A good day to see the sights in Warsaw
Trip Start Jun 17, 2009
27Trip End Jul 18, 2009
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Today's schedule was light on lectures and more focused on seeing Warsaw and some of the neighboring attractions. We met in the hotel lobby at 8 am and then boarded our charter bus for the short trip north of Warsaw to the village of Lanski, where we were scheduled to meet with the school administrators and some of the faculty.
The Laski School is a private school formed in 1922 by the Countess Roza Czacka, a woman from a prominent family who lost her sight at the age of 22. She came up with the idea of developing an educational system that would teach the blind and special needs students how to become self-supporting. She had previously formed the Society for the Care of The Blind, and in 1918, she founded the Order of Franciscan Sisters Servants of the Cross to carry out her plans to support the needs of the blind
We arrived at the Laski campus and were greeted by the president of the Society for the Care of the Blind, an attorney whose name escapes me (see photos). The principal also greeted us (Mr. Piotr Grocholski) and he explained the school’s mission while Ola Augustyniak, our Fulbright host, translated his comments. After coffee and a question and answer session, we were treated to a detailed tour of the campus and all that if offers students with special needs.
300 students (from Pre-K to high school) live at the campus, which is located on the grounds of an old nunnery, the order founded by Roza Czacka. Members of our group inquired about what happened to the nuns and students during the Second World War, as the Nazi Army controlled most of this area of Poland. Our guide showed us the buildings that were destroyed and later rebuilt after the war. Over 70% of the buildings on this serene, beautiful campus were reduced to rubble, and at the time, the nuns often hid the students and wounded Polish soldiers who had been sent there (where there was a hospital) for treatment of their wounds, particularly those soldiers who had lost their sight as a result of their wounds.
The Laski School has a philosophy that differs slightly from what we perhaps deal with in the United States
One of the most impressive aspects of the Laski program was the technology assets they had in their high school. The assistive or adaptive technology was really impressive. The school prints their own documents in Braille, as well as provides students with technology to use the internet and virtually any software application. Since the blind can’t see the monitor and use a computer mouse like a sighted person, they teach students to use a totally different keyboard and device, which activates the different software applications the students, might need (see attached video). Totally fascinating stuff, made me wonder if we should think about adding this to our school district website for those parents or members of the community, current or future members, who might need this type of application. If any school district in Northeast Pennsylvania is willing and able to do it, it certainly will be the Western Wayne School District based on what I have seen in our technology capabilities recently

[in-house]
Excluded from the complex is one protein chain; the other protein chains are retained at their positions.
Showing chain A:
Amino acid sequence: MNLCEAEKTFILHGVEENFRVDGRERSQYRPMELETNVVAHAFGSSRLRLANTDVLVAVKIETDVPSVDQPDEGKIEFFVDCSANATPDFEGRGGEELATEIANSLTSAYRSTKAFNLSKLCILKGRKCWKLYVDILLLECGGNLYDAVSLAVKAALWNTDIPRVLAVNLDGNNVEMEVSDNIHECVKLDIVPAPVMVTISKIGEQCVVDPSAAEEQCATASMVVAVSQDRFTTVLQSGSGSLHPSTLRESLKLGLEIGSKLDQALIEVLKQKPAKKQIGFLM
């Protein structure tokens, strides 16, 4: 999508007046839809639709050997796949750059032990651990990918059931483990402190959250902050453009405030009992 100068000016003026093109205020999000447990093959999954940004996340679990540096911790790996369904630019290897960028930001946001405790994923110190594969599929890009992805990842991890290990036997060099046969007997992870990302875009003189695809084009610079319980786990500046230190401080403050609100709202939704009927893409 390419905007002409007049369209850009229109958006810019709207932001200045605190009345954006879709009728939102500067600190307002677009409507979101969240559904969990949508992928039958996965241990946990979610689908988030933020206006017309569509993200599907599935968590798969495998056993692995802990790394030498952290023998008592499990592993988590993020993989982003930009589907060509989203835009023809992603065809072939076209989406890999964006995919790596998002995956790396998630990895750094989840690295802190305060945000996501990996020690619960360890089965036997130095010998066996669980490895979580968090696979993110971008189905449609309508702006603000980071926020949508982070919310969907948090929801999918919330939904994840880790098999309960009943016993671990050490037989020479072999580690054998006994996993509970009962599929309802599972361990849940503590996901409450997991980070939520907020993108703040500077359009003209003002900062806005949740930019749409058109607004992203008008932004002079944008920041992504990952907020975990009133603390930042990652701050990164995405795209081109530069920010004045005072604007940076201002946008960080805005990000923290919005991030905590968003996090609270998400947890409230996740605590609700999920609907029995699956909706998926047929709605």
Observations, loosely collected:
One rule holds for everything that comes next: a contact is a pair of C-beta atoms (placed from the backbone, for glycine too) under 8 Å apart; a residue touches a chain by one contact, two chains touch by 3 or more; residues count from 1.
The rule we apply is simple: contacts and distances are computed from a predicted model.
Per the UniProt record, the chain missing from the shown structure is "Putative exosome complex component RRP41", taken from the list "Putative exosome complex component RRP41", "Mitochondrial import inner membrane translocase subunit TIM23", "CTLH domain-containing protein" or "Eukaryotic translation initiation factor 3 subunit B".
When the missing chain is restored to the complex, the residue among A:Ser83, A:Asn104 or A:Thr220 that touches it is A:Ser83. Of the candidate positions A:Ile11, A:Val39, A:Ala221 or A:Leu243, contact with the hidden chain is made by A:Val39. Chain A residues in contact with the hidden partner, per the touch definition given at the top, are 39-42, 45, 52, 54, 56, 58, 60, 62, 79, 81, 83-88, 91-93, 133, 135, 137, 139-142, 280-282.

After we finished our tour of the Laski school, which included a tour of the nunnery and the chapel, we boarded the bus and headed back to downtown Warsaw where we picked up Anna, our tour guide for a bus tour of the main sites in Warsaw. We truly enjoyed her take on the history and sites in Warsaw. One of the first stops was at the site of the Warsaw Ghetto. It was pretty sobering, knowing what had gone on here from 1939-1945, and even more disturbing when you learn that of the 1.2 million residents of Warsaw who lived here during the war, more than 1.1 million perished at the hands of the Nazi army and the SS. 800,000 residents were killed in the ghetto uprising, another 300,000 residents died in 1944 during the ill-fated Polish uprising, when the Poles thought that the Soviet army, just miles away, across the Vistula River, would come to their aid. The Soviet army eventually arrived, but not until so many residents of Warsaw died. By the way, the city was completely destroyed during World War II. Everything that I have seen this week in this city is rebuilt, only 60 years old or less. Finally on this topic, think about the numbers of people who perished - the 800,000 figure is more than 266 times the number of people who died during the 9/11 tragedy. That is really a sobering thought.
After lunch, we went to the Palac w Wilanowic (Wilanow Palace) in Warsaw. It was modeled after the Versailles Palace in France. Impressive place, and probably the most notable collection of priceless works of art I have ever seen, literally hundreds of pieces. I continue to be amazed at the lengthy history of Poland, a country that truly ranks up there with the most advanced civilizations. When we in America were just a forested, undiscovered content before Columbus, the Poles already had an orderly society with a profound and clear vision for a lawful and productive society, as evidenced by their early constitution
Dinner tonight was shared with a few of my fellow Fulbrighters at a Mexican restaurant about 5 blocks from the hotel in a quiet neighborhood. Food is cheap and plentiful here, good thing we are walking everywhere. You walk a lot in Europe. We ought to do more walking in the U.S. and obesity might not be such an issue.
Enough for today’s blog. We head to the Ministry of National Education., Warsaw University for a lecture on American Studies in Poland, and a visit and dinner reception at the home of Polish actor, theater and film director, Wojciech Siemion. Should be interesting, stay tuned.